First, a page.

Momentum - The driving force
Any object that is moving has momentum. Momentum is the inclination of the object to keep moving in the same direction. It is difficult to change the direction of movement with an object with a lot of momentum. Momentum is calculated as part of the velocity group since it has speed and direction. They way we calculate momentum is;
p = m x v
P is the momentum in kilograms meters per second, kg m/s
m is the mass in kilograms, kg
v is velocity in m/s
Whereas speed is just a single scalar variable because velocity is active in this calculation the momentum of an object can change if the object speeds up or down or changes direction.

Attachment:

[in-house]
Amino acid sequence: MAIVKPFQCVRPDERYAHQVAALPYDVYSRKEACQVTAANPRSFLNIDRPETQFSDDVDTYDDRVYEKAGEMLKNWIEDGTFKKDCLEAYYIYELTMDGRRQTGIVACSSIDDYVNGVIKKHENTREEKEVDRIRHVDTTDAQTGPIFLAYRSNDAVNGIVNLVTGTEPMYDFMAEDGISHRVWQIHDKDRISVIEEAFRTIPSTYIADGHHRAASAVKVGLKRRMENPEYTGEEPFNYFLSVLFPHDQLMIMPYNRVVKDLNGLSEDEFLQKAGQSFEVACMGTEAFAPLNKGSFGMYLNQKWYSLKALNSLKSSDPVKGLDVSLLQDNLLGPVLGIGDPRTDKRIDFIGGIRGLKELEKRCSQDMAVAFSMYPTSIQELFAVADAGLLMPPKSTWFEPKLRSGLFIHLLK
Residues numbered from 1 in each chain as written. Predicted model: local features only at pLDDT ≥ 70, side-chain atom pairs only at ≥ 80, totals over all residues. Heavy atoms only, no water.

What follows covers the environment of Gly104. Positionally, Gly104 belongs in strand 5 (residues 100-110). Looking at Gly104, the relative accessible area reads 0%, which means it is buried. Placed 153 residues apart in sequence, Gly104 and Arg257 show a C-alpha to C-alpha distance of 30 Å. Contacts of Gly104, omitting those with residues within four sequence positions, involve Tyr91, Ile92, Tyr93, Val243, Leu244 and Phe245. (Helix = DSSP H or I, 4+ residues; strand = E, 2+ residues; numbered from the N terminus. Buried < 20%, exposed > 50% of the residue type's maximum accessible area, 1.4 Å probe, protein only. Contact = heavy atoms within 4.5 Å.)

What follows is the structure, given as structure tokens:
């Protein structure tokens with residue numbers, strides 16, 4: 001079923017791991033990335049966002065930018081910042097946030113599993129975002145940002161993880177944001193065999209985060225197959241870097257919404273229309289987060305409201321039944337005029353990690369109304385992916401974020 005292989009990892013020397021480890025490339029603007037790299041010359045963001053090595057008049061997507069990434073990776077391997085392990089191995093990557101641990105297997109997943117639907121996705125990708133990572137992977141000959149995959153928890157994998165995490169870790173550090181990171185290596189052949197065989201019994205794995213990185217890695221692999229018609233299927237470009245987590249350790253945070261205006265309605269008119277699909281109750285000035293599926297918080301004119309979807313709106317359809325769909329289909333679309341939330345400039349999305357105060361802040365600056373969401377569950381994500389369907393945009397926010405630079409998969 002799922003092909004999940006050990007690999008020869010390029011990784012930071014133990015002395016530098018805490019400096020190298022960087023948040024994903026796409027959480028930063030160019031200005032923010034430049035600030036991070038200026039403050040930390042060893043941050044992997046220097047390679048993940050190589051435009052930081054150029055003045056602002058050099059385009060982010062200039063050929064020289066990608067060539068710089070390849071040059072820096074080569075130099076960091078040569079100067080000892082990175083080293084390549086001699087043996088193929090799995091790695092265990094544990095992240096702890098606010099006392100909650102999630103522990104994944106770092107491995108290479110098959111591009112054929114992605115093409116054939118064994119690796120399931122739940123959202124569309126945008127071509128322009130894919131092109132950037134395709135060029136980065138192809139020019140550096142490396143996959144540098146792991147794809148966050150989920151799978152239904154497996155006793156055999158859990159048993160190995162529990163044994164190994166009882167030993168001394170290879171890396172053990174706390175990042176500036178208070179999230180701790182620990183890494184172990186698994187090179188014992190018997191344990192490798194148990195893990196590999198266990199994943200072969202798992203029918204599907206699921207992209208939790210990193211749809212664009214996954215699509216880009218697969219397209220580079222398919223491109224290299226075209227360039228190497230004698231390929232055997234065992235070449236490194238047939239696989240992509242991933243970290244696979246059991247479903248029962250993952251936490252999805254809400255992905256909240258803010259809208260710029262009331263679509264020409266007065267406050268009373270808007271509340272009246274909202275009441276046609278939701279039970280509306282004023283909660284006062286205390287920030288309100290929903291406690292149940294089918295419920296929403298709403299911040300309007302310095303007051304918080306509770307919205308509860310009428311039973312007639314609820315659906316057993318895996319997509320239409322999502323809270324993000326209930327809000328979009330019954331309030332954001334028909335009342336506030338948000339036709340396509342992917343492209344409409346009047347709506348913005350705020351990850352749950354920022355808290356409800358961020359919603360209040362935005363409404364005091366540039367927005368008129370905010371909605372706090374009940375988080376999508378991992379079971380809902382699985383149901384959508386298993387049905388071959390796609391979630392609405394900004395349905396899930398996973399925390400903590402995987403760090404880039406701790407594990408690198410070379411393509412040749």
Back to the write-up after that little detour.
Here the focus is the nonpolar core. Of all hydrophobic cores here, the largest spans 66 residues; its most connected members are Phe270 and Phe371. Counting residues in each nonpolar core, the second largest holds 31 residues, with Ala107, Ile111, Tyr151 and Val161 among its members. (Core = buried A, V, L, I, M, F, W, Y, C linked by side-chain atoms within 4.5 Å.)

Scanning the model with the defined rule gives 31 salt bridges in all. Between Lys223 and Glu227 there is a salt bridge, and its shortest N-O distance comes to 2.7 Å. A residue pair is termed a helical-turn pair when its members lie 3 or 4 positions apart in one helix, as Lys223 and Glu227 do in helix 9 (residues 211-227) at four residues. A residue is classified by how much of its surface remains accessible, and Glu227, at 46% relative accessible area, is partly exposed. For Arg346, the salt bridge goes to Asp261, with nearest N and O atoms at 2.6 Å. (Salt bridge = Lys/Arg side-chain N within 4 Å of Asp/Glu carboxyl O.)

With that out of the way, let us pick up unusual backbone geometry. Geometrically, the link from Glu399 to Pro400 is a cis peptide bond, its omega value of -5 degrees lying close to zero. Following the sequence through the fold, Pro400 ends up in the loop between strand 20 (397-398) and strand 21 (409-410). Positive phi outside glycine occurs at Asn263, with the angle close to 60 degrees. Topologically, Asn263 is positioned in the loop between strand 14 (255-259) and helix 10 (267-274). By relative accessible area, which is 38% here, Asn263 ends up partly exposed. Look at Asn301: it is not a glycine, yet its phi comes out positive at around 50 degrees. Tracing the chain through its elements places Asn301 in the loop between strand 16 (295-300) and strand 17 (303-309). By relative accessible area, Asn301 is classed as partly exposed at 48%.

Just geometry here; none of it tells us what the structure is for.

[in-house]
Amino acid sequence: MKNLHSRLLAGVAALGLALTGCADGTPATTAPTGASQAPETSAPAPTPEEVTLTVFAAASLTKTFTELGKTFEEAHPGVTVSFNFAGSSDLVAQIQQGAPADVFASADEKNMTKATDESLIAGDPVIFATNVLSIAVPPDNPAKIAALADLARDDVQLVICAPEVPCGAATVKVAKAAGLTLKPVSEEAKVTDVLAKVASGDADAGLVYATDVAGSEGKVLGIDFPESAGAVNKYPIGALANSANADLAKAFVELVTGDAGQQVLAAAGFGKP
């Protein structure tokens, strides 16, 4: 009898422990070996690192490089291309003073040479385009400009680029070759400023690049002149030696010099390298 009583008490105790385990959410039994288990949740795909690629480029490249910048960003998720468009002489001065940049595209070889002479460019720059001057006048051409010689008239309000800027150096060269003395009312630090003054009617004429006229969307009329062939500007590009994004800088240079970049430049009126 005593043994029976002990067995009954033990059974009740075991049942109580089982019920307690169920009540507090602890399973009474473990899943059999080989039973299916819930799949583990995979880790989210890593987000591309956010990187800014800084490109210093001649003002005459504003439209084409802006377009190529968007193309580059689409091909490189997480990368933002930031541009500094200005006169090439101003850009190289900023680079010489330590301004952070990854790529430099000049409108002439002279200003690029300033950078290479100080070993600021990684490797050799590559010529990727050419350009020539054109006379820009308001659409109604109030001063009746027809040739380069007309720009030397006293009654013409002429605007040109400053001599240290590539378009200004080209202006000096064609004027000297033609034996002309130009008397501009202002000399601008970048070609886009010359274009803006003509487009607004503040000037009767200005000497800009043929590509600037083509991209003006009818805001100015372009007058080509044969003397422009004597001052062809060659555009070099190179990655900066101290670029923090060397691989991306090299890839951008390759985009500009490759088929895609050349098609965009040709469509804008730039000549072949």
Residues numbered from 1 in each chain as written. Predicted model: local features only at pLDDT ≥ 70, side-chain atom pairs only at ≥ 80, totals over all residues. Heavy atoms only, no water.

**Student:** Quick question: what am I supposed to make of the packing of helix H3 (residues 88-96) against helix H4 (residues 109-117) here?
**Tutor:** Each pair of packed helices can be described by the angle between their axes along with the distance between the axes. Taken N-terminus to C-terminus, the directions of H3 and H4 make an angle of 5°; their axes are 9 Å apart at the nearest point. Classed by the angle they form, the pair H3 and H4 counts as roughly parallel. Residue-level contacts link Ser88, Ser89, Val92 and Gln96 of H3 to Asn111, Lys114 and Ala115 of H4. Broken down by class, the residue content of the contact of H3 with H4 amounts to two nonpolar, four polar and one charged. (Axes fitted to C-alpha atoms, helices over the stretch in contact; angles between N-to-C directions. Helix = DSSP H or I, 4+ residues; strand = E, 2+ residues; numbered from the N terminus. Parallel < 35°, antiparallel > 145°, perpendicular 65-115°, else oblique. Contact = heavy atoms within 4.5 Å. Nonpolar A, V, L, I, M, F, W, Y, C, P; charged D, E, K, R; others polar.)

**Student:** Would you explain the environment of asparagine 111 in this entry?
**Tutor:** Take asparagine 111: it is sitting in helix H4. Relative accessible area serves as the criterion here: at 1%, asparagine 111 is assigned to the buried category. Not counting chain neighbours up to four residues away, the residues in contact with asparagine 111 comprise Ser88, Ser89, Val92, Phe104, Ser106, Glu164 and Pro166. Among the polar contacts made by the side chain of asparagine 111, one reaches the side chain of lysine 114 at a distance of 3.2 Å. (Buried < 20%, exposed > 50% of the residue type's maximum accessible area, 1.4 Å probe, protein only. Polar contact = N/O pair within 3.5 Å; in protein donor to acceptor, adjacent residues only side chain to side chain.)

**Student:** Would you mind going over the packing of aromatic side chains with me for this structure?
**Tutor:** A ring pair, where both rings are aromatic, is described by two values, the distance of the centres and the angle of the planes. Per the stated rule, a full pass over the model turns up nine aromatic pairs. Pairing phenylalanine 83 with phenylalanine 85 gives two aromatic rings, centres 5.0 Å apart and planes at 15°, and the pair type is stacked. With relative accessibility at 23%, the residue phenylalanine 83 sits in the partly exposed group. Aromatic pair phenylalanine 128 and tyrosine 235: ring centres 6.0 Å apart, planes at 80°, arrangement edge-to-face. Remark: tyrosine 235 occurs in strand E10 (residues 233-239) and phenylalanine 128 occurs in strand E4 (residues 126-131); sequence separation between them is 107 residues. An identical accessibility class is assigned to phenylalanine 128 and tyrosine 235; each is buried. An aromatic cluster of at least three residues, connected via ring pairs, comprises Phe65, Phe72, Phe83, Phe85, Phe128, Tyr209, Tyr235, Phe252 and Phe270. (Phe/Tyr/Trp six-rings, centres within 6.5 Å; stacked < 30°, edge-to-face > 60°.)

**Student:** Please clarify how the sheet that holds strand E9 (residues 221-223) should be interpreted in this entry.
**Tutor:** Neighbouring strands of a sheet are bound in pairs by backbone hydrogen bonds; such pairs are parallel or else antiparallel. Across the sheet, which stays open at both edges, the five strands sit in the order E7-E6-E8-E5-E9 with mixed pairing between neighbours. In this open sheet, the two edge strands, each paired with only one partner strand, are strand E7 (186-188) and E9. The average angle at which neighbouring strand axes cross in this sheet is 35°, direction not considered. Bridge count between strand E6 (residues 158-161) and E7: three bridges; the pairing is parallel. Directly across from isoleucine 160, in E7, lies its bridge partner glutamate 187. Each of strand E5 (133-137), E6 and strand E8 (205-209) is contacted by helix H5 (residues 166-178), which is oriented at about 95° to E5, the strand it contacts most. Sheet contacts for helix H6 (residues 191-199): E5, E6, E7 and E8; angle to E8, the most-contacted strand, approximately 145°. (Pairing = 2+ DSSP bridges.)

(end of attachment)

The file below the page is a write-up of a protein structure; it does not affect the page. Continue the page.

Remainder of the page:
Newton's first law states that any object moving will continue moving unless it is interfered with. This law applies to momentum and if no external forces are acting on the object we state that the momentum is conserved. This means that if you threw a ball at a wall and it rebounds no kinetic energy is lost, the movement energy or momentum in this case. All the energy is still in the object and so we say that the energy has been conserved. If the kinetic energy didn't change, then neither did the value of momentum. This is because energy is scalar and because direction is part of vector grouping it doesn't effect the outcome. Now if you threw a brick at a wall the brick would bounce off but not as much as the ball and some of the energy would change. This is because the brick breaks which means heat, sound and kinetic energy are transferring from the object into other places such as the air and ground. This means that the energy was not conserved in the object but the total energy was, it's just split into different places.